The Bay area band Pllush once referred to themselves as “four-piece San Francisco sob rock,” and that’s perhaps the most fitting description to date. Critics have referred to them as a shoegaze or a dream pop revival band, but, according to vocalist and guitarist, Karli Helm, a fan recently shared the most accurate designation of the band’s sound to date, saying, “you may be headbanging but we know underneath your hair, you’re crying.”
Since arriving in the Bay Area music scene four years ago, the quartet comprised of Helm, guitarist and writer, Eva Treadway, drummer Dylan Lockey, and bassist Sinclair Riley, have made a habit of constantly evolving their autobiographical lyricism and ethereal melodies. In 2016 they released their EP, Please, garnering attention through five tracks full of reverberating guitars, layered melodies, and dreamy distortion. The EP distinguished the band as a force to be reckoned with, squaring them up with their influences a la Mazzy Star, Slowdrive, and Sonic Youth.
This June, they share their first full length, Stranger To The Pain, an album their most adamant critics (their parents and closest friends) have described as a “cleaner” and more “grown-up” version of their sound. The album still wallows in the dizzying melodies the band is known for, but the 12 tracks that make up this iteration are decidedly less superfluous.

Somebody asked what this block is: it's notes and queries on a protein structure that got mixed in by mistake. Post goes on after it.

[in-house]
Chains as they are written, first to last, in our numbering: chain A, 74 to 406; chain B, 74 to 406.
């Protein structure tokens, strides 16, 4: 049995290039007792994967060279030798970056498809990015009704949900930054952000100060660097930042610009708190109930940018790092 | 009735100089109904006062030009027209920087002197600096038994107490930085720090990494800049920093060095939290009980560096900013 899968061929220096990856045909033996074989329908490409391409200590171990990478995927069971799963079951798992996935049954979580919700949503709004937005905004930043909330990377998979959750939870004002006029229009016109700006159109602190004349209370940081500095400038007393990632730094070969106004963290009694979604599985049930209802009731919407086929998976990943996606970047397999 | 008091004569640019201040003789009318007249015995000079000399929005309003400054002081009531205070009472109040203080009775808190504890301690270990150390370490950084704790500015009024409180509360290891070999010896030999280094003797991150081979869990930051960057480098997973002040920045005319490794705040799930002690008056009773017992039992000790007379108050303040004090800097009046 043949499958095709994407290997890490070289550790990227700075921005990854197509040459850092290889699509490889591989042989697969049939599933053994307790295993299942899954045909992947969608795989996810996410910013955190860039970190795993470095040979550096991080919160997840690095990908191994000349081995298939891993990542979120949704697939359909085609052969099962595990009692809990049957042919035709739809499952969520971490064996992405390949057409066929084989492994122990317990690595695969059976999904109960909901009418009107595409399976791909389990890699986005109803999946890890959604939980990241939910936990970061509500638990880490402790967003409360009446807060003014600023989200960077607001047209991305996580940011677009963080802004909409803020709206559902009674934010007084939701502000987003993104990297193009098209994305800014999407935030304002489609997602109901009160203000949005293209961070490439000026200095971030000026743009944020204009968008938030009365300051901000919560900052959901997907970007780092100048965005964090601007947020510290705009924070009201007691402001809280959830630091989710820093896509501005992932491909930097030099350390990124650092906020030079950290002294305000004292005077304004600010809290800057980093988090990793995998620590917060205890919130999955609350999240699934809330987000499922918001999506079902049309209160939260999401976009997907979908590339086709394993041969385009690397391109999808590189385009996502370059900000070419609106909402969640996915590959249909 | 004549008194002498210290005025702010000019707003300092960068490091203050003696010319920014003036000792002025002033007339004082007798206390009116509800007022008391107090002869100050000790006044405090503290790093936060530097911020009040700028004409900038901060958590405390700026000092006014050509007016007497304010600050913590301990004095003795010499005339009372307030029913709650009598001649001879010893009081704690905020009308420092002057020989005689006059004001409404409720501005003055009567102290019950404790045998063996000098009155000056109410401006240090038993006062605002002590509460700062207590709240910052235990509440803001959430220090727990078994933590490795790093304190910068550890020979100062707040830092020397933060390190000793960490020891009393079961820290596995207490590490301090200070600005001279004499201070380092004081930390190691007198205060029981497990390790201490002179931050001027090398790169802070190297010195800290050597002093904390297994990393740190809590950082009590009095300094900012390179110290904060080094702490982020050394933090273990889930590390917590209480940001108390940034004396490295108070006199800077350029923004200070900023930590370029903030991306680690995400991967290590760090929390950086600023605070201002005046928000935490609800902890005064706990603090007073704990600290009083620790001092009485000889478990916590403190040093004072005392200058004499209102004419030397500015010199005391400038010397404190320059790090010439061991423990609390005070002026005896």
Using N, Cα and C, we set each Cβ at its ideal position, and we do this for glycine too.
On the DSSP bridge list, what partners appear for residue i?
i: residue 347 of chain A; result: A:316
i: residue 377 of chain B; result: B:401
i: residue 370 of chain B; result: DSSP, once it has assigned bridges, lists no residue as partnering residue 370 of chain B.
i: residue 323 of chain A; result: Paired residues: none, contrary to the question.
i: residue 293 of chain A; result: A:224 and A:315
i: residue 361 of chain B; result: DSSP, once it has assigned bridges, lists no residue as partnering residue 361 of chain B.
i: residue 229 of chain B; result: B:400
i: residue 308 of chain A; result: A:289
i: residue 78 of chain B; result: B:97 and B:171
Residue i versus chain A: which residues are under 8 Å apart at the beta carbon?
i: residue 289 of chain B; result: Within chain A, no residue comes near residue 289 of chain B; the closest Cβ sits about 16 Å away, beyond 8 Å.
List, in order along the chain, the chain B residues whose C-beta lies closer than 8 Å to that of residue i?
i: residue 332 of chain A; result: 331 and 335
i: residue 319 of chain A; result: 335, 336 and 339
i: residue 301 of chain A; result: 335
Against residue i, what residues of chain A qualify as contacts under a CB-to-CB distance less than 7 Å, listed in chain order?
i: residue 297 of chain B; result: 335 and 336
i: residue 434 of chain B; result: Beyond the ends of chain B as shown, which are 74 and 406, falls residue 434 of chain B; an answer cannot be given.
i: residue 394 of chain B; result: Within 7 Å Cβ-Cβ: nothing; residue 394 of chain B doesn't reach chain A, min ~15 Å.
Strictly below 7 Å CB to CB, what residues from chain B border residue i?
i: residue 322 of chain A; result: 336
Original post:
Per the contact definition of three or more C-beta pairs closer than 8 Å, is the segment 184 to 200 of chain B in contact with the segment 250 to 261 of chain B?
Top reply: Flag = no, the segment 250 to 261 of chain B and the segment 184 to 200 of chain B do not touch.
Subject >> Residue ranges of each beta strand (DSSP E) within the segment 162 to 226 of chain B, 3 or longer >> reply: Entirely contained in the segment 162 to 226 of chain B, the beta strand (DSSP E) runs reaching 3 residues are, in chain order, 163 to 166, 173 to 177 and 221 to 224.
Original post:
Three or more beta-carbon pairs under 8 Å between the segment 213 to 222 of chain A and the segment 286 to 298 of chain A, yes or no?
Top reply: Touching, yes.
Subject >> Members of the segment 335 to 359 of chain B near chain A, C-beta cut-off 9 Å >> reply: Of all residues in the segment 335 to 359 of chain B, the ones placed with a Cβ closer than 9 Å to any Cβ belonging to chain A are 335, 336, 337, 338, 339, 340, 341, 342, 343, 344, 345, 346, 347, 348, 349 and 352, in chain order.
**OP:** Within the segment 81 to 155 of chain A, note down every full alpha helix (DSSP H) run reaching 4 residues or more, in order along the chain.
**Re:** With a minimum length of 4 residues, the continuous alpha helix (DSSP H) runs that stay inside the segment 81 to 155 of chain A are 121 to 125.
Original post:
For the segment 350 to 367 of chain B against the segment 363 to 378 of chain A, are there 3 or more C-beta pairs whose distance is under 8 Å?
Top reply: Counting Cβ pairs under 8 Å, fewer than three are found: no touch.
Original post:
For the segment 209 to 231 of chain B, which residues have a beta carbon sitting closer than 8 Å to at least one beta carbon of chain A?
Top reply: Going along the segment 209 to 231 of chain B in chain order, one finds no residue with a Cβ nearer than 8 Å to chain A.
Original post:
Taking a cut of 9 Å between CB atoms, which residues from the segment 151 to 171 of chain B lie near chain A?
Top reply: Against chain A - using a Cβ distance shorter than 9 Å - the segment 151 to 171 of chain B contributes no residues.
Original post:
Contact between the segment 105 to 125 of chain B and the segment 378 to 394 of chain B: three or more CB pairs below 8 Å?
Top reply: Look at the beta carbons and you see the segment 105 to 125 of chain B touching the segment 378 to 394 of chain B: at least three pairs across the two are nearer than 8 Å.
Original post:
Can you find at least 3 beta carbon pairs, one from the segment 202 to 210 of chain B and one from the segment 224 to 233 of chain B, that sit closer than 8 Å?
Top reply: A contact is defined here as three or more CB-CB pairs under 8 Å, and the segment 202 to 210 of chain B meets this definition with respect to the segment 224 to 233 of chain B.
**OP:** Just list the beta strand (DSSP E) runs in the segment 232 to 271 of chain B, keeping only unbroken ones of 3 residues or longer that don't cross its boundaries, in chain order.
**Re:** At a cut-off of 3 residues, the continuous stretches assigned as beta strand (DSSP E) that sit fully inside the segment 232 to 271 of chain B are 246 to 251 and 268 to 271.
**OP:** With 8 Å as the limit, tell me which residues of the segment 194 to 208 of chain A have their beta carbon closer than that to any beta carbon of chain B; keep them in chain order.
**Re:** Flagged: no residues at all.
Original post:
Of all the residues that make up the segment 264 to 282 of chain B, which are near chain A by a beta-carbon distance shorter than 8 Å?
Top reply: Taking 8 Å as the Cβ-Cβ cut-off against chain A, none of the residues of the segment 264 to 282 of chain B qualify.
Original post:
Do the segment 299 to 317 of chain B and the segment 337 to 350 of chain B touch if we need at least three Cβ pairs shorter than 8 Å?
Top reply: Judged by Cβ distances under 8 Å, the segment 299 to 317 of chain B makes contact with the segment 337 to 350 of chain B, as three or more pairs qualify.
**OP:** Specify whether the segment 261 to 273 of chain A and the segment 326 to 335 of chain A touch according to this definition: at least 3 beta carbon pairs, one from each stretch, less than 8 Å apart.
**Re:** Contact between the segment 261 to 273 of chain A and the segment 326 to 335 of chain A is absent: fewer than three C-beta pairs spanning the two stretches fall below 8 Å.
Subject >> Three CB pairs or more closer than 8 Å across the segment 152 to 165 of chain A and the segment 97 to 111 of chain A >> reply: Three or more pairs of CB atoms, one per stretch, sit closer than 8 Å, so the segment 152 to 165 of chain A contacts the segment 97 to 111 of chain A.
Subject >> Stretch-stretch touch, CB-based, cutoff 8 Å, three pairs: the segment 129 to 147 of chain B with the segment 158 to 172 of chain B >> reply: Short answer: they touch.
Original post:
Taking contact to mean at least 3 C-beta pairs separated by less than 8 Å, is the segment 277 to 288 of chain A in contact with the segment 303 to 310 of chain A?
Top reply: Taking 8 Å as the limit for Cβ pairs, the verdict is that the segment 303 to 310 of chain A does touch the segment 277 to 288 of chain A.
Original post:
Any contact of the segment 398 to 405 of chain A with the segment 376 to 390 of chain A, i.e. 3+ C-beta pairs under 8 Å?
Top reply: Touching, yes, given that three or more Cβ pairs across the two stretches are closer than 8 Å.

Acknowledging the tighter, less distorted sound of the album, Helm shares, “we got rid of a lot of these reverb-y vocals and lots of the effects. We were like, we don’t need to hide behind the shoegaze veil anymore. I hope that people notice that, in a good way.”
The albums lead single, “Shannon,” shows off their newfound propensity for just the essentials. In it, Helm sings the chorus in high pitched breaking vocals as deftly played drums and steady strumming play in the background. The lyrics, “You ask me if I’ve ever felt this way / Well I don’t know / I’m hoping everything will fall into place / Well I don’t know / But I won’t” are sung with the shakiness of someone with newfound confidence, an effect that emphasizing the coming of age lyrics. Unlike their previous singles, with “Shannon” there’s space between the music to show off Helm’s vocal agility, allowing her to make her point before the music starts to swell in the bridge.